Vermont is famous for vacations of all sorts, but have too much fun too carelessly in the Green Mountain State and you will find yourself in worlds of trouble. Like most other states, a driving under the influence, or DUI, charge in Vermont triggers both an administrative proceeding and a criminal prosecution. The administrative proceeding, conducted by the Vermont Department of Motor Vehicles, may result in a complete suspension of a DUI offenders' driver's license. A person charged with DUI in Vermont should request an administrative hearing from the Vermont DMV as soon as possible, since failure to do so in a timely manner may result in harsher penalties.
The state of Vermont uses the theory of implied consent to test DUI arrestees for blood alcohol content. Anyone who drives in the state is considered to have agreed to blood alcohol testing and the tests are carried out through blood, breath, or urine sampling. In fact, in the case of a driver who has a previous DUI conviction on his or her record, a refusal to submit to blood alcohol content testing may result in separate prosecution under another of Vermont's criminal laws.
For those who do not have a prior DUI conviction, but find themselves arrested under suspicion of driving under the influence, a refusal to test may be introduced in court and in some cases, may even trigger sanctions. Of course, the decision to submit to or refuse testing is one that must be made by the arrestee at a time when he or she is under extremely stressful circumstances. It is important to understand the potentially severe consequences of both refusal and submission in weighing the many factors that relate to blood alcohol testing.
The criminal proceeding in Vermont is a serious one and prosecutors have the option of bringing the DUI case under two distinct theories. The first of these is the theory of per se liability. Under the per se theory, a person suspected of DUI can be found guilty if his or her blood alcohol level exceeds the limit dictated by law. Under current Vermont law, the legal limit for adults over age 21 is .08 percent. The .08 percent level may be created under different circumstances at different times, and the legal limit can be met or exceeded even where the person tested exhibits no outward signs of intoxication.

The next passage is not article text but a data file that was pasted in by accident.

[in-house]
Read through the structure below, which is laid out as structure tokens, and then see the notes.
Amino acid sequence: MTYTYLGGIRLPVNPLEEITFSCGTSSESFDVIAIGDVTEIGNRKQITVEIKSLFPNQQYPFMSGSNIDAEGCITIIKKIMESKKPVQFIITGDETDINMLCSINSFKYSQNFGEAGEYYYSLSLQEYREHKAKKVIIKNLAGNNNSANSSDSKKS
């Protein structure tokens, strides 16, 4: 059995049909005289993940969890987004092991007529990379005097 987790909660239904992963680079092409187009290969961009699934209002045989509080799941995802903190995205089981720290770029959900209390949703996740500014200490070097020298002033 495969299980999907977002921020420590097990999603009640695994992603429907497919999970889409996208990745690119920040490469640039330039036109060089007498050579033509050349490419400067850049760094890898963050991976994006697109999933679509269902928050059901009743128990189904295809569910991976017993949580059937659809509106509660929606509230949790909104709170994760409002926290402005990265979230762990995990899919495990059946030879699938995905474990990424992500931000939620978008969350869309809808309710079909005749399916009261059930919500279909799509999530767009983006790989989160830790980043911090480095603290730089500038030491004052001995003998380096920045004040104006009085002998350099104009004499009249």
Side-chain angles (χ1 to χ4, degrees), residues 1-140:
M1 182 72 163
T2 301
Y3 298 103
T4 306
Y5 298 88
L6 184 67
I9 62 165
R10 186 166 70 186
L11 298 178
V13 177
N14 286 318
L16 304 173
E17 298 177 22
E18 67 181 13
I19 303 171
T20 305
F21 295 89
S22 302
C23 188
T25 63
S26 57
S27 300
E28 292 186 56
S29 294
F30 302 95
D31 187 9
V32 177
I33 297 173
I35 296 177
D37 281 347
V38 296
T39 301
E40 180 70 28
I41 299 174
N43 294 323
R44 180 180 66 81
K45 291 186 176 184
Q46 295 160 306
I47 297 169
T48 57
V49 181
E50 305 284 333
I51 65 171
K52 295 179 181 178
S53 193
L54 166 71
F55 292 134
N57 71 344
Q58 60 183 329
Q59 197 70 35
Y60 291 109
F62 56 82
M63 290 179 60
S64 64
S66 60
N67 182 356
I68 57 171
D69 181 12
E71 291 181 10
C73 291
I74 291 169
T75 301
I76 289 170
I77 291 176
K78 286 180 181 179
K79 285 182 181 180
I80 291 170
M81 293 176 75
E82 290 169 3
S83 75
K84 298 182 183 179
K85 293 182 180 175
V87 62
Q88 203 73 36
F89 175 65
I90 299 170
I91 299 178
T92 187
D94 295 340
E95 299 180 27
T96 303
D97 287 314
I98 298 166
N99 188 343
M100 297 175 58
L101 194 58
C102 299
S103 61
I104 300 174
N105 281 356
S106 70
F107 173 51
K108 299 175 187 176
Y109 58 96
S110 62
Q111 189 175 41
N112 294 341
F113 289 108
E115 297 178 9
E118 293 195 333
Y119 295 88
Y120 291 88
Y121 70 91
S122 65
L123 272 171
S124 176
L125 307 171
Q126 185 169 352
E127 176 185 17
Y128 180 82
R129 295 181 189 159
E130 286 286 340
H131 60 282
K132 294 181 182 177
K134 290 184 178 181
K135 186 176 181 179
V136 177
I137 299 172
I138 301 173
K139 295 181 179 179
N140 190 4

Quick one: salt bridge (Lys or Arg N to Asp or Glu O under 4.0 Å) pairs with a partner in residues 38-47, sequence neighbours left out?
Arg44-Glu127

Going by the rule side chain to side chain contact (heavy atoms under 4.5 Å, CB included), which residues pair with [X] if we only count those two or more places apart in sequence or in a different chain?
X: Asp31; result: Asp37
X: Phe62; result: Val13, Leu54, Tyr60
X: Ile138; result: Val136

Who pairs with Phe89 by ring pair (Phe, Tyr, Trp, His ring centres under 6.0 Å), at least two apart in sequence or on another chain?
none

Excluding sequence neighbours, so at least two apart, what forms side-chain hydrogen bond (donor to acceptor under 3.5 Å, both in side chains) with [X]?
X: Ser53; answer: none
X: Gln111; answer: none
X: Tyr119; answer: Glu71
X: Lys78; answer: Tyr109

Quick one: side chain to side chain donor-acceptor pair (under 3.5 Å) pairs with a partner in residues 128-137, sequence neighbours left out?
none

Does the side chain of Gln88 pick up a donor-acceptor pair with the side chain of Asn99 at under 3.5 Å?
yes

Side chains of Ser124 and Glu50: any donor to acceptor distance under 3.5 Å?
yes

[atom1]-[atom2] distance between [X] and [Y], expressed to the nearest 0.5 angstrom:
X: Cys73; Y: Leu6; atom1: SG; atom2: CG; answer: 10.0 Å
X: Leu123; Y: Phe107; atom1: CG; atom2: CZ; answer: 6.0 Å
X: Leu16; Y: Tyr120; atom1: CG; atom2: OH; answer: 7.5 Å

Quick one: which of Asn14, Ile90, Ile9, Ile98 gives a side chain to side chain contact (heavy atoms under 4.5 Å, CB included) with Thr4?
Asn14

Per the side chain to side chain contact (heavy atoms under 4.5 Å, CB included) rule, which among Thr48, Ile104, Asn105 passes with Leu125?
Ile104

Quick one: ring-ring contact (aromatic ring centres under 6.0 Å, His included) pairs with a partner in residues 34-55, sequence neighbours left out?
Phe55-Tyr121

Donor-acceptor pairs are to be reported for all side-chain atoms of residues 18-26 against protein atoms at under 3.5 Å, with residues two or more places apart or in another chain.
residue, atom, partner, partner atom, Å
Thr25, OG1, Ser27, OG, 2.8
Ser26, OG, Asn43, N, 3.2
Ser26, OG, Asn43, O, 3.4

Because the state has the option of convicting under per se liability, in some case no evidence beyond proof from testing will be needed at trial. However, because of variations in blood alcohol level over time, testing is not always reliable and DUI court cases often use both possible theories.
The second of the two possible theories is driving under the influence of drugs or alcohol. Evidence presented to support a conviction under this theory is what most people think of when they imagine a "DUI arrest." Driving pattern, overall general appearance, speech pattern, stench of alcohol, appearance of the car, and perhaps most importantly, performance on field sobriety tests, may be introduced at the trial in order to prove or disprove that the driver in question was under the influence of drugs or alcohol at the time of the arrest. In order to be convicted under this theory in criminal court, the prosecution must prove that the defendant was unable to drive his or her car in the safe, reasonable manner that an ordinary person in similar circumstances would use.